*Warning: This one gets a little romantic….if you can’t handle it you may want to stop now.
Joseph wanted to take me to meet his family. It had been precisely two weeks since our first date. I was excited to meet them. He told me that he had never before taken a girl home and that they didn’t believe that he was about to now. As we rode in the taxi his mother and his sister each called him several times, not really convinced that he was actually coming nor that he was in fact bringing a girl with him.
The taxi ride was long but Joseph and I talked the whole way and a few hours flew by like minutes. We arrived in Kampala at Joseph’s aunt’s house where his Mother and Sister were currently staying.
Joseph taught me the respectful greeting for his mother. We entered the little house to see Joseph’s mother sitting on the floor. She held out her hands to us with the biggest smile on her face. “Eladay Niabo” I said, surprising her with my limited knowledge of Luganda. We sat and soon Joseph’s sister Tinah entered the room.
Tinah had been assaulted and robbed in her home a few days before and the intruder had slashed her fingers with a machete. They were bandaged and broken. She joined us and after awhile when Joseph asked if I would be ok if he left me with them for a few minutes I agreed. “Gende, Gende,” I told him shooing him away. “We have girl talk that you can’t be here for.” After he left Joseph’s mother got very real with me. “Do you love him?” she asked me rather pointedly. I assured her that I did. “Never before has he been interested in a girl like this she told me. When he first met you he called me and told me that he had just gone on a date with the woman of his dreams. Joseph wouldn’t say that unless its true, he has been looking for some time and has had many opportunities to marry and he has never found the right one. You must promise to marry him!”
I chocked a little on the dry cake that I was eating. I stammered, not sure what to say to this mother.
“When you get married,” I said, “the preacher says until death do you part. In my religion, we believe that marriage is much more than that. We believe that when you marry it is not only for time but for all eternity as well. Eternity is a very long time and deciding who I spend it with is a big decision. It’s not one that I can make after knowing someone for only two weeks.” I told her hoping she would understand.
She accepted my answer and we continued our visit. “What is Joseph like when he is angry” I asked her being just as direct with her as she was with me.
She thought carefully about her answer.
“He is very quiet, and when he gets that way you have to ask him what is wrong and show him that you care so that he will tell you what is bothering him.” She told me.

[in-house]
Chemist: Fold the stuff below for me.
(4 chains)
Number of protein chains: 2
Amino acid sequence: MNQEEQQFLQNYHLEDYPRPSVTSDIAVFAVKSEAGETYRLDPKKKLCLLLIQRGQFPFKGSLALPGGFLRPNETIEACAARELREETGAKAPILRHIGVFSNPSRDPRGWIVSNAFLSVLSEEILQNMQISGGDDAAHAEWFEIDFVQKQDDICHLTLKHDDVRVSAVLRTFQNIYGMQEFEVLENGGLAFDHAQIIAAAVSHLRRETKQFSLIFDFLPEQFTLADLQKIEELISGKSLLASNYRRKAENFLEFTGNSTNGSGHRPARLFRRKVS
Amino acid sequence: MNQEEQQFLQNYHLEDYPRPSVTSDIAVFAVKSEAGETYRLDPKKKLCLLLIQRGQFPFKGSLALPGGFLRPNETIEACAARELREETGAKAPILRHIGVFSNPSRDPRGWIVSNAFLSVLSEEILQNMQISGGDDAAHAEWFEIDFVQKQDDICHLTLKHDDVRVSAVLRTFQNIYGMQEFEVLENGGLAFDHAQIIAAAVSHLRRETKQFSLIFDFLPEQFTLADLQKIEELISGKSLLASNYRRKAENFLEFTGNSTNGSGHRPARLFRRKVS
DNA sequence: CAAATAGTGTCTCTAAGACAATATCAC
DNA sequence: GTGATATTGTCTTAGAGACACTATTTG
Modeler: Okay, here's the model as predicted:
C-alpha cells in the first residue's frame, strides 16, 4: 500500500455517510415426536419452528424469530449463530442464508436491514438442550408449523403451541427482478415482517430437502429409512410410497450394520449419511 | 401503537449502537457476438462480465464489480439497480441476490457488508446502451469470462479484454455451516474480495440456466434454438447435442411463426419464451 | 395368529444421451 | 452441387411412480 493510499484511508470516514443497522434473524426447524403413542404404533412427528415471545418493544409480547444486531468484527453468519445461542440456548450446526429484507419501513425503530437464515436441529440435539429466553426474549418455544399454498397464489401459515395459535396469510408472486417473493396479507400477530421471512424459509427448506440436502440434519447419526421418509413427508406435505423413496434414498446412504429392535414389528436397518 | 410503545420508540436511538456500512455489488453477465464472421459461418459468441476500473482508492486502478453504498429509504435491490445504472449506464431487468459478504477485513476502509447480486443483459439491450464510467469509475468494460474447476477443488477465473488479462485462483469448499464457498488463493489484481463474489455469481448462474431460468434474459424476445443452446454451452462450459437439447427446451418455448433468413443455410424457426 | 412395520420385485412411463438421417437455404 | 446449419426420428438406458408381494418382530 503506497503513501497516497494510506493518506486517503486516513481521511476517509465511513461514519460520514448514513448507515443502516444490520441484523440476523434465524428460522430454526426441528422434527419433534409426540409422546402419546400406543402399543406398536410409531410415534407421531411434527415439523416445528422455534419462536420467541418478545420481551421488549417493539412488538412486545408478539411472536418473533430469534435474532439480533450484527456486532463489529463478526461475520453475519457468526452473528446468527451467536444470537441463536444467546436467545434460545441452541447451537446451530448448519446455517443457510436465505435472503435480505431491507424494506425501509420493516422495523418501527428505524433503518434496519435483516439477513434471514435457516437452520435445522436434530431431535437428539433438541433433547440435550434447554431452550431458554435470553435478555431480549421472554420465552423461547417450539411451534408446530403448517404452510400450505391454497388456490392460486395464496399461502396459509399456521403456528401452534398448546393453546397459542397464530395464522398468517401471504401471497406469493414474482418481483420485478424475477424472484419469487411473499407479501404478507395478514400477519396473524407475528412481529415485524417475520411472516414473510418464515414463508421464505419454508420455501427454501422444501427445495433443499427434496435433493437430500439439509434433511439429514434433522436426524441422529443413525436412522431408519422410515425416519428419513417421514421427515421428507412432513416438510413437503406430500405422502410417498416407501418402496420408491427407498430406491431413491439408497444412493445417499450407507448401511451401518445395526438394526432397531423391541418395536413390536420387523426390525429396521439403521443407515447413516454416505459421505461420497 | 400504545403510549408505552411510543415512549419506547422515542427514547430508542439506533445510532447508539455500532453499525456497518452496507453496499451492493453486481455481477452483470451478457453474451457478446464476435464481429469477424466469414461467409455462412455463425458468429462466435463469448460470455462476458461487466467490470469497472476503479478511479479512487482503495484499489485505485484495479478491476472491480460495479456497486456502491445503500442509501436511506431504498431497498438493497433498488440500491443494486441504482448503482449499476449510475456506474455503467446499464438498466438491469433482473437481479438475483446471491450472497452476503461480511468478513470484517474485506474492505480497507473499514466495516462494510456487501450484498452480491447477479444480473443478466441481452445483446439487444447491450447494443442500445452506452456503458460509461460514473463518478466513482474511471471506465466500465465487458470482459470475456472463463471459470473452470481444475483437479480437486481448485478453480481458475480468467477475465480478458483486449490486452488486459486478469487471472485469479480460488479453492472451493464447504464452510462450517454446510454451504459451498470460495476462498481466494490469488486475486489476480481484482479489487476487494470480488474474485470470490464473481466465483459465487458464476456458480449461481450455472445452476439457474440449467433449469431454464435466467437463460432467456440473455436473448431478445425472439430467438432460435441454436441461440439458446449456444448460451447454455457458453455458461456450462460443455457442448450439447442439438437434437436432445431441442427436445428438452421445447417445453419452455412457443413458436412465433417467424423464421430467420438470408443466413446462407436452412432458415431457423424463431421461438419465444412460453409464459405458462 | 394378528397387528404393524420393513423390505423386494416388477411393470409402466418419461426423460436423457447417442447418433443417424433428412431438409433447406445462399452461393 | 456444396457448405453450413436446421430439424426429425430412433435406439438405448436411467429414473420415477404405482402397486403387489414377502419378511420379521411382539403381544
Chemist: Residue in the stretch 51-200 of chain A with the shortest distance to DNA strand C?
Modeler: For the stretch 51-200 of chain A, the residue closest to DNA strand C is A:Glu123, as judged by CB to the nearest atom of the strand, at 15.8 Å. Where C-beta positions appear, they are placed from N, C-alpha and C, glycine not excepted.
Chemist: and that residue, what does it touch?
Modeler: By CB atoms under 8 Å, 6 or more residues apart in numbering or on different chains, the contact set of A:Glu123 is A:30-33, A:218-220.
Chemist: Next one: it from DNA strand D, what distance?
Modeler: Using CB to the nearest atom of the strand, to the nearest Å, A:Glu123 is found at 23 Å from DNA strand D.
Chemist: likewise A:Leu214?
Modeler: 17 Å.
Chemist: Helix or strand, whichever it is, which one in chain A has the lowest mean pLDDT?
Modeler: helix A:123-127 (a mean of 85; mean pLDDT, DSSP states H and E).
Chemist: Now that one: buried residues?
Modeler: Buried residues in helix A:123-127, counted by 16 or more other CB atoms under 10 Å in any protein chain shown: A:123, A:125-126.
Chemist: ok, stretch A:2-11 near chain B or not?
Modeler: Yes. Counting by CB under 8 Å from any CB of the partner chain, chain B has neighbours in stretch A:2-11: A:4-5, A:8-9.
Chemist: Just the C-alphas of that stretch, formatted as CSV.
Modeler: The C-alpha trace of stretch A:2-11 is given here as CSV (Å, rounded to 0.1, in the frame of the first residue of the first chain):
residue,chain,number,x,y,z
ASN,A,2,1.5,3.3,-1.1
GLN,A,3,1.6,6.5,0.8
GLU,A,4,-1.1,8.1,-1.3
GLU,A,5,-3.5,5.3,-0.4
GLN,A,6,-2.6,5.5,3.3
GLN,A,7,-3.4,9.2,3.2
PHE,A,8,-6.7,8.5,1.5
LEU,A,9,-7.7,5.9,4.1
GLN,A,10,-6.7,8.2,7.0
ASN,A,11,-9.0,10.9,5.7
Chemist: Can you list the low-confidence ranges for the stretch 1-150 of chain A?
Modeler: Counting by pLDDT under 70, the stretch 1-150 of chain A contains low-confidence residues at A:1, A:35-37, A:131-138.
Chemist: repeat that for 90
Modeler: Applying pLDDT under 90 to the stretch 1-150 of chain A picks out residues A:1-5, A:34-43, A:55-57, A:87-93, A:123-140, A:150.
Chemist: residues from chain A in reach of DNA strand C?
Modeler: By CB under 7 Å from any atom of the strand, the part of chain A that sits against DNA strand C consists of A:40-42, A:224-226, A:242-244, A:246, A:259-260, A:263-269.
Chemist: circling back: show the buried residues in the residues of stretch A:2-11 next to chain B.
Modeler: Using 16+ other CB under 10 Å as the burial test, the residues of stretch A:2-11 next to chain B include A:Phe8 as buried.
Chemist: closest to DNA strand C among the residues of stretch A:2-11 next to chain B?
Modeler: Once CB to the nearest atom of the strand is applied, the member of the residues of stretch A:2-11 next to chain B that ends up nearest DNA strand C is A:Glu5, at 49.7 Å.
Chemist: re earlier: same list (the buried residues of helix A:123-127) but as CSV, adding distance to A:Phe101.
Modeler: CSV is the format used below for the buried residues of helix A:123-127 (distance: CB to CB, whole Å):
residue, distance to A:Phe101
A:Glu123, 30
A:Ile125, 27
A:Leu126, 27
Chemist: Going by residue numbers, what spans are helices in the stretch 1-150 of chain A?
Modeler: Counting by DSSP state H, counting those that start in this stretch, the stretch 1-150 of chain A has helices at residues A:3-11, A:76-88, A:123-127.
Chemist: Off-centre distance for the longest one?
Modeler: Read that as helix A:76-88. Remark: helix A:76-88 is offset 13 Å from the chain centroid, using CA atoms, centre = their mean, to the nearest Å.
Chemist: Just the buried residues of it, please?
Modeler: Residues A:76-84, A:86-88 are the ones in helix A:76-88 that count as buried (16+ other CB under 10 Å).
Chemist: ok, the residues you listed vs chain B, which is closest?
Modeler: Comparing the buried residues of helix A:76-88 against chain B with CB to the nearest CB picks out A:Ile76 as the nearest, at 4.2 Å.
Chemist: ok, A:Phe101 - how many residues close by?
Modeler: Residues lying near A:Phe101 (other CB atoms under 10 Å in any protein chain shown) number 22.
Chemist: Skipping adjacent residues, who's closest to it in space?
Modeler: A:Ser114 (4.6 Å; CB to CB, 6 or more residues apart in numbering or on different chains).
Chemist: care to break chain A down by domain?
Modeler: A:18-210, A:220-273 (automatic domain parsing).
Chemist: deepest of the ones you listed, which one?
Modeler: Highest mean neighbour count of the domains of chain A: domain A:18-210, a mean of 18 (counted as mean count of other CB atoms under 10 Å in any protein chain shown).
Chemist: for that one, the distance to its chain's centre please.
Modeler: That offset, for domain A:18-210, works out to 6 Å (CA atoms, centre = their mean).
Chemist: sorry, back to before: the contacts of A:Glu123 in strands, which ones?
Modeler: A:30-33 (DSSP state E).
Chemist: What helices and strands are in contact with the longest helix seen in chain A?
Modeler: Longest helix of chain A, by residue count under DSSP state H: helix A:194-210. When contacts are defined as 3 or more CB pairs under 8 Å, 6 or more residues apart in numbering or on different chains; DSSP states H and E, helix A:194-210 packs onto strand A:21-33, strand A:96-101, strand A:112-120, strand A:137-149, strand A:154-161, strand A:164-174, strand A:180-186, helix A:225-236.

That sounded like the Joseph I knew. So far I wasn’t uncovering much on him that he hadn’t already told me himself.
Joseph’s other sister,
Asha joined us, She was very friendly, beautiful and sweet. She sat next to me and held my hand and insisted that I call her Mulamu (sister-in-law)
Both girls giggled when I obliged them and gladly called them Mulamu Tinah and Mulamu Asha.
When it came time for us to leave all three of them walked us back to the taxi. They said goodbye with big hugs and we promised to come visit them again. “Marry my son.” His mother told me as she hugged me goodbye. “I always knew he would one day marry a white woman and move away from us. He was never meant for Uganda.”
I had to agree with her on one point. Joseph did not belong in Uganda.
We rode the taxi back to JInja and then we took a boda boda to Sister Gertrude’s house where I would be spending the night.
It was dark when we got back to JInja and as we flagged down a boda driver I decided that I was going to try riding as the Ugandan women did. Side saddle with both legs on the same side of the motorcycle. I got on and with Joseph behind me it was easy to keep my balance. One hand rested on each of his legs and I turned to talk to him. It was easier to see his face as we rode this way and I decided that the Ugandan women had a good thing going.
I only had to turn my head a little to be able to talk to him, as I did he playfully stuck his tongue out at me and instead of pulling away as I am sure he expected I would I leaned toward him. I had learned a thing or two about teasing from my brothers and I knew better than to give him what he expected. He also must have known a thing or two as well because his response wasn’t what I expected either. He kissed me, long and hard as the world flew passed us. I forgot about the boda driver, about everything except the two of us. Finally fearing that we would both lose our balance and fall off the motorcycle we stopped. I giggled a little as I looked at him, feeling a little sheepish. I had no idea who might have seen us. But with the stars twinkling over head, and the cool night air racing passed us. I felt like the moment was everything I had dreamed of as a child and more, and I didn’t care.